The World Health Organization (WHO) has certified Kenya free of dracunculiasis transmission following the recommendation of the International Commission for the Certification of Dracunculiasis Eradication (ICCDE).
During its 12th meeting held at WHO headquarters in Geneva, Switzerland the ICCDE reviewed the report of an International Certification Team that visited Kenya in October 2017 to assess the country’s claim of having eliminated the disease.
“We congratulate Kenya and salute the work of the thousands of health workers and volunteers who braved difficult conditions for decades to achieve this milestone,” said Dr Tedros Adhanom Ghebreyesus, WHO Director-General.
“This triumph should inspire us all to overcome diseases of poverty and improve the lives of vulnerable people while leaving no one behind.”
In his first face to face meeting with ICCDE members since he took office as Director-General of WHO in May 2017, Dr Tedros expressed his appreciation for the Commission’s work over the years and reiterated WHO’s unparalleled commitment to eradicating dracunculiasis.
He added that with the help of partners such as The Carter Center, UNICEF and CDC, WHO will redouble its efforts in providing optimal support to Chad, Ethiopia, Mali and South Sudan, the four countries that remain endemic for the disease. Dr Tedros also announced that he will personally follow up with leaders of those countries where transmission is still occurring and organize high-level visits to further motivate them to reach the finish line.
Kenya now becomes the 187th WHO Member State to be certified dracunculiasis-free, a major achievement for Kenya as it strengthens its commitment to advancing its agenda for universal health coverage.
Only seven countries remain to be certified.1 WHO is the only organization mandated to certify countries as free of transmission following the recommendation of the ICCDE.
Zero cases: positive trend
In another important move, WHO has congratulated South Sudan for reporting zero human cases of the disease during the whole of 2017. This unprecedented achievement is the consequence of a sustained eradication campaign led by the South Sudan Guinea Worm Eradication Programme and the country’s Ministry of Health and partners.
“This is the result of good leadership as well as concerted efforts by all partners to get to where we are. Given the difficulties we experienced, we would not have done it by ourselves and we want to thank our partners – WHO, UNICEF and The Carter Center and many others – who stood with us,” said Dr Riak Gai Kok, Minister of Health of South Sudan. “I also want to pay tribute to the country’s leadership for staying focused to tackle the magnitude of this problem. Even during the war, we made sure that work continued in areas that were beyond control lines and that the people continued to get the care they needed.”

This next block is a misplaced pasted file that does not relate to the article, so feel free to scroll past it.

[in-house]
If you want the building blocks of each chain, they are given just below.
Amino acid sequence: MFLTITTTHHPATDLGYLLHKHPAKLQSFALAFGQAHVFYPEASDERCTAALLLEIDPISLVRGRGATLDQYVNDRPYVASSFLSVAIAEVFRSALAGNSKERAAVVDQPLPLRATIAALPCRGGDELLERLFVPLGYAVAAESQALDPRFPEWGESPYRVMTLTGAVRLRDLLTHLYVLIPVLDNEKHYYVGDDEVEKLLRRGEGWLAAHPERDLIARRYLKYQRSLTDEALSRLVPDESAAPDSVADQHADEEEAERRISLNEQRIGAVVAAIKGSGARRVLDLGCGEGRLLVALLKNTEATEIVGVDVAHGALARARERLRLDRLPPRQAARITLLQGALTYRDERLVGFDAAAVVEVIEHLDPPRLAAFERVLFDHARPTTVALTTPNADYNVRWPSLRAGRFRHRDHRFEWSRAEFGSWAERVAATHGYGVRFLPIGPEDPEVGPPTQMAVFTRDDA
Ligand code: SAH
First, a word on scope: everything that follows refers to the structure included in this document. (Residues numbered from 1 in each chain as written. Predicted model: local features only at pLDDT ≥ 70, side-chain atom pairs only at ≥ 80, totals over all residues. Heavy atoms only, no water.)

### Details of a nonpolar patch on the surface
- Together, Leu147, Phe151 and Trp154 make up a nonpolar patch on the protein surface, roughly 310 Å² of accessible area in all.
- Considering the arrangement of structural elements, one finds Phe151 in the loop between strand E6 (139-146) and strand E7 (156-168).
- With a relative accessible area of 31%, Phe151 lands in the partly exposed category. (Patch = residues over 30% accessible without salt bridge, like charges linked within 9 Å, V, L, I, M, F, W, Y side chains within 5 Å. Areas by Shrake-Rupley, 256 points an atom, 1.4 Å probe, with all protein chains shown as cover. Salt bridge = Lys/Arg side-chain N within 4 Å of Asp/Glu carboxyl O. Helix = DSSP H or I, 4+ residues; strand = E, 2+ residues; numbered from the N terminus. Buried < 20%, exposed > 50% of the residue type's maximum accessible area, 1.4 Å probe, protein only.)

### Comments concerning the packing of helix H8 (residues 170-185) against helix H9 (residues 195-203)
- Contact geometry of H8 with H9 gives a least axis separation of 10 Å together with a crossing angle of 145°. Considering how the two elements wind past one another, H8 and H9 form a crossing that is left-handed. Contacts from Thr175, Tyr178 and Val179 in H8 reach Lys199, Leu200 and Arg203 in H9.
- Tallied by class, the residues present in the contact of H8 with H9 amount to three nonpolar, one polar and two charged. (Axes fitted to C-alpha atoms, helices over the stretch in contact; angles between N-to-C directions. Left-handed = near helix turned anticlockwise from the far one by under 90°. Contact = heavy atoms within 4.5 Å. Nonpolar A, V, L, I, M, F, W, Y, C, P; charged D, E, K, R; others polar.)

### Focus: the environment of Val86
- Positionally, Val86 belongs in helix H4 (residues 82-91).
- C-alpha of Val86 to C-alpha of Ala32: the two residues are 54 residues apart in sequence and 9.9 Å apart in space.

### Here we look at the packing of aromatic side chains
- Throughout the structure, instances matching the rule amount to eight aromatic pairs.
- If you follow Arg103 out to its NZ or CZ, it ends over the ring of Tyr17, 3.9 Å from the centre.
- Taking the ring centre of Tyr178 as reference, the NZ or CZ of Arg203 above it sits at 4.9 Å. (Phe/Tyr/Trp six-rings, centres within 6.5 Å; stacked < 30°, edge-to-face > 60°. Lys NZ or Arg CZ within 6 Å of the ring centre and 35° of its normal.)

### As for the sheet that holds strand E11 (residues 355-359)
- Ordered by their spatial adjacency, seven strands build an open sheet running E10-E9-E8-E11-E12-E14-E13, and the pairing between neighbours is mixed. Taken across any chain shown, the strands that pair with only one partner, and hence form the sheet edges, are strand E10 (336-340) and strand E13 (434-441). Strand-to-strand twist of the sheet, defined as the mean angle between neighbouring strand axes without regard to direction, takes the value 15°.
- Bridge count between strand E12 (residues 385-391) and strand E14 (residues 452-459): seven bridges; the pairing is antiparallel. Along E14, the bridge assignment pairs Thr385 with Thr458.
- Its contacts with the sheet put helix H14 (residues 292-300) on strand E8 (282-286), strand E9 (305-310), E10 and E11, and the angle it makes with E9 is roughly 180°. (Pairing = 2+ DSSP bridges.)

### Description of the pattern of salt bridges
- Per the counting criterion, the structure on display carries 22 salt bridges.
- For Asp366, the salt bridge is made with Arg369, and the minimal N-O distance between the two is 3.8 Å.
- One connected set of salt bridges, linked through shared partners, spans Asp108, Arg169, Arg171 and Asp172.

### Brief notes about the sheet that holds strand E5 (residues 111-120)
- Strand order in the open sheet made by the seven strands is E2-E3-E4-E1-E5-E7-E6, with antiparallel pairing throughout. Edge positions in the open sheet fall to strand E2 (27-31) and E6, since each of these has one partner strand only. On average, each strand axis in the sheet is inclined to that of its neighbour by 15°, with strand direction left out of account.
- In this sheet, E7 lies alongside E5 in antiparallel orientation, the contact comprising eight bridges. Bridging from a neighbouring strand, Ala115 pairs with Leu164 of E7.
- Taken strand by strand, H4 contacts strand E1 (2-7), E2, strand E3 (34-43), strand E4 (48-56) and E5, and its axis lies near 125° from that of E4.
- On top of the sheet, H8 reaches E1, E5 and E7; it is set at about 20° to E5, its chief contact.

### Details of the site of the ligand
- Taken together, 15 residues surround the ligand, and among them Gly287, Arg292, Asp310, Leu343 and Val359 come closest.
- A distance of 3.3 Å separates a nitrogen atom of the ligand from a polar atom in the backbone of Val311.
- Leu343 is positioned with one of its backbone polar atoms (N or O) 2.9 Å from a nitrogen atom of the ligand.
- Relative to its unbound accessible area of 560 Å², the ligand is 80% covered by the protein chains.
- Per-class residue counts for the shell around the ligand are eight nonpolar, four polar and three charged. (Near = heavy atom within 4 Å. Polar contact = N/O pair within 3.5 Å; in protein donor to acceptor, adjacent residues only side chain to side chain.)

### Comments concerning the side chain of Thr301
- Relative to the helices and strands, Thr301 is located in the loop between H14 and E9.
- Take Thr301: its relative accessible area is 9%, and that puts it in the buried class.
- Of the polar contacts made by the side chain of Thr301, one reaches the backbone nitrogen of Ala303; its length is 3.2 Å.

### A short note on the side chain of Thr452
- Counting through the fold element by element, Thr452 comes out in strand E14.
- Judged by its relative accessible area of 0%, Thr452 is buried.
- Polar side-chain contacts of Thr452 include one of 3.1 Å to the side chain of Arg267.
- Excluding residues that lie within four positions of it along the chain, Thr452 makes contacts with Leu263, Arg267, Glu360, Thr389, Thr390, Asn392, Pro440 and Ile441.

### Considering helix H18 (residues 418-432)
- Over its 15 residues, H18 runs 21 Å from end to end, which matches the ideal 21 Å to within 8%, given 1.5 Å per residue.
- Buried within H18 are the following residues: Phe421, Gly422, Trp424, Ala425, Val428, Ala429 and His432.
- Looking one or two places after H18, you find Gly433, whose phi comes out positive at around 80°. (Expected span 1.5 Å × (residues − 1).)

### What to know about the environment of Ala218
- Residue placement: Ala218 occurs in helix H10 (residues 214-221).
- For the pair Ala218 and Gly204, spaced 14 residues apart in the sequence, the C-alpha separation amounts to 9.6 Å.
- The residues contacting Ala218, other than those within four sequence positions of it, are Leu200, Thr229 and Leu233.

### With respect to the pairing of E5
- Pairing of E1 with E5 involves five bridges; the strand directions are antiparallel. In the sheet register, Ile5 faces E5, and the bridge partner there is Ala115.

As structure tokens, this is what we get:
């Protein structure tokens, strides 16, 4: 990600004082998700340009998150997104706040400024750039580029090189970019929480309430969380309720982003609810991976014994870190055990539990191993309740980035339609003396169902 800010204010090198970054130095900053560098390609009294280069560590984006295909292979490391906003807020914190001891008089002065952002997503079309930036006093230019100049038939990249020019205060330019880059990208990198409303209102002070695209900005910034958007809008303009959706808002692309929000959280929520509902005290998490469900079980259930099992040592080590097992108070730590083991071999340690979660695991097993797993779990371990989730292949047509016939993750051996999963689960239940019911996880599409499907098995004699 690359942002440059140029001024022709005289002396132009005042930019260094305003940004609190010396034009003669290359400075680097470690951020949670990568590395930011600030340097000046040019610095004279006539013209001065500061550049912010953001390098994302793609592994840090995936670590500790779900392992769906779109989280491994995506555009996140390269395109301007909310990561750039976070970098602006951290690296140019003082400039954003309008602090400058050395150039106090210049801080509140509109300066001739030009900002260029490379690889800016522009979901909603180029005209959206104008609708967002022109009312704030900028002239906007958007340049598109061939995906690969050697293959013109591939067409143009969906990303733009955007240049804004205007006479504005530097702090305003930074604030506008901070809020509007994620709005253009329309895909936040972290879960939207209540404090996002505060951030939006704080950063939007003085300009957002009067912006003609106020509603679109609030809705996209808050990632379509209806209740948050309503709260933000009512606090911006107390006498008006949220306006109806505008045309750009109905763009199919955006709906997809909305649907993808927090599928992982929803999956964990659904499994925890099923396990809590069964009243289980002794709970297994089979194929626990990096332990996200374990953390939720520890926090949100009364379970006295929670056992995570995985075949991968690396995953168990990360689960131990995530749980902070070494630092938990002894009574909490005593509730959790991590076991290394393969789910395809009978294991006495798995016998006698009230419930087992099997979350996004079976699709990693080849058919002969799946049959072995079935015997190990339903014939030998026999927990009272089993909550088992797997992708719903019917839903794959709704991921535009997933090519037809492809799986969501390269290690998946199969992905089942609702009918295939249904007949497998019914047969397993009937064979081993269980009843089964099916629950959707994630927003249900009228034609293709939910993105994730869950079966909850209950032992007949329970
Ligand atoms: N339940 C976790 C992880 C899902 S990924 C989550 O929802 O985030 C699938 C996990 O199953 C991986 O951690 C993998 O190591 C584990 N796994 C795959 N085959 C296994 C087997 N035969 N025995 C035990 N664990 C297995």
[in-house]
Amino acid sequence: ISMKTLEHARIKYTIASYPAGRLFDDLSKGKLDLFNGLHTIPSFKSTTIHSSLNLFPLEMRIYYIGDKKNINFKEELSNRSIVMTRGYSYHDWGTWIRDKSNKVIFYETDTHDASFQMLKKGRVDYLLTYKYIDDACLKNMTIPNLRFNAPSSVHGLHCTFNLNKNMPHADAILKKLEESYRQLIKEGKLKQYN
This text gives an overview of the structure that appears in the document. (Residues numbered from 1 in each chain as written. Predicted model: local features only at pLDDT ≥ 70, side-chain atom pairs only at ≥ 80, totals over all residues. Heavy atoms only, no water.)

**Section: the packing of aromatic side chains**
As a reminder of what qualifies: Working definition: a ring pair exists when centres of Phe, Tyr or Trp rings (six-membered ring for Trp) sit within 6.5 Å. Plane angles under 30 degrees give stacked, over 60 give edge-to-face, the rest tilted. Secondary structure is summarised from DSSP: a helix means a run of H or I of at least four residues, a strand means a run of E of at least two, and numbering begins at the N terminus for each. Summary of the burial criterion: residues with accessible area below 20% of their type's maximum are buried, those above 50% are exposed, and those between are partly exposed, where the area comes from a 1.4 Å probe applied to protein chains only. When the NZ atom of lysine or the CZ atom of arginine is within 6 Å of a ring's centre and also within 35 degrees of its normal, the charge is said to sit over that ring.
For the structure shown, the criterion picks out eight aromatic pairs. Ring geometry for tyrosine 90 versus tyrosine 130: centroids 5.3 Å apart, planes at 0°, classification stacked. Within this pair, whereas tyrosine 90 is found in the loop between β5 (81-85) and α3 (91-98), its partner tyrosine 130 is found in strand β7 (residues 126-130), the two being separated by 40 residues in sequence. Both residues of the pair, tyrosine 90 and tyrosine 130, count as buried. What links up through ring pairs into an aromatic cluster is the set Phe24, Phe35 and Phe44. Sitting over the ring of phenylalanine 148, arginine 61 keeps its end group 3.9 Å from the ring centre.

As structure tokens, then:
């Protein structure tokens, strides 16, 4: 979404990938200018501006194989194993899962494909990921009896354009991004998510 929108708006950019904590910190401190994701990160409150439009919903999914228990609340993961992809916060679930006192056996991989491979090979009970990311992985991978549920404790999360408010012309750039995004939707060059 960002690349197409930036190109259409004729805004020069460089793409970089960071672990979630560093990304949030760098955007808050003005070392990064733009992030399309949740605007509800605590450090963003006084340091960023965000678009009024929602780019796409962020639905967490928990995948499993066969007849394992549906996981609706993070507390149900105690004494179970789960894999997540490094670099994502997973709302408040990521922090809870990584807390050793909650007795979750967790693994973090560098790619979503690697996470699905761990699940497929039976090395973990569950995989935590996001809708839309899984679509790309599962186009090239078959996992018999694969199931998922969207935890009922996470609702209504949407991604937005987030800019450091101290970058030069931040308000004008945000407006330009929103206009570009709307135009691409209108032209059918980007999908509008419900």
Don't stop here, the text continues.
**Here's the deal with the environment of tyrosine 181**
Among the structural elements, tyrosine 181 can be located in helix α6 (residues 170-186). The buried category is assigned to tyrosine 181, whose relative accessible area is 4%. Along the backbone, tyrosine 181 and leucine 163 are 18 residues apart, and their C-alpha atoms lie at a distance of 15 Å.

In 2006, South Sudan reported more than 20 000 human cases. This decreased to six cases in 2016; the last human case was reported in November of that year.
South Sudan has progressively introduced a national reward scheme for voluntarily reporting of dracunculiasis cases, raised awareness levels and maintained its readiness for case containment. Over the past year and faced with insecurity, the South Sudan Guinea Worm Eradication Programme has managed to implement robust surveillance despite the evacuation of almost its entire expatriate staff for over a year.
Mali, another country which has reported zero human cases since November 2015, is also implementing surveillance and maintains a cash reward scheme. A dynamic response team has investigated all reported rumours within 24 hours throughout 2017.
Transmission of the parasite in humans and animals
Dracunculiasis (guinea-worm disease) in humans was reported in two countries (Chad and Ethiopia), each with 15 cases in 2017. This brings the cumulative total in 2017 to 30 human cases – 5 cases more than the 2016 total.
An outbreak of dracunculiasis occurred in Ethiopia among migrant labourers in Oromia Region during the period September–December 2017. Case containment and surveillance are continuing. Moreover, 15 infected animals (11 dogs and 4 baboons) were also reported.
In Chad, 15 human cases and 830 animal infections (817 dogs and 13 cats) have been reported. Chad is implementing active surveillance and case containment measures as well as treatment of all surface water with the cyclopicide temephos in order to kill water fleas (cyclops) that carry the infective guinea-worm larvae.
Chad is also intensifying communication and awareness activities in areas where infections are common, with the support of The Carter Center, WHO’s main partner. The Carter Center has been at the forefront of dracunculiasis eradication activities since 1986, along with WHO, the United Nations Children’s Fund and the WHO Collaborating Centre at the United States Centers for Disease Control and Prevention.
1Chad, Ethiopia and Mali are still endemic for the disease. South Sudan and Sudan are in the pre-certification stage. Angola and the Democratic Republic of the Congo, which have had no history of the disease since the 1980s, also need to be certified.
Source: The WHO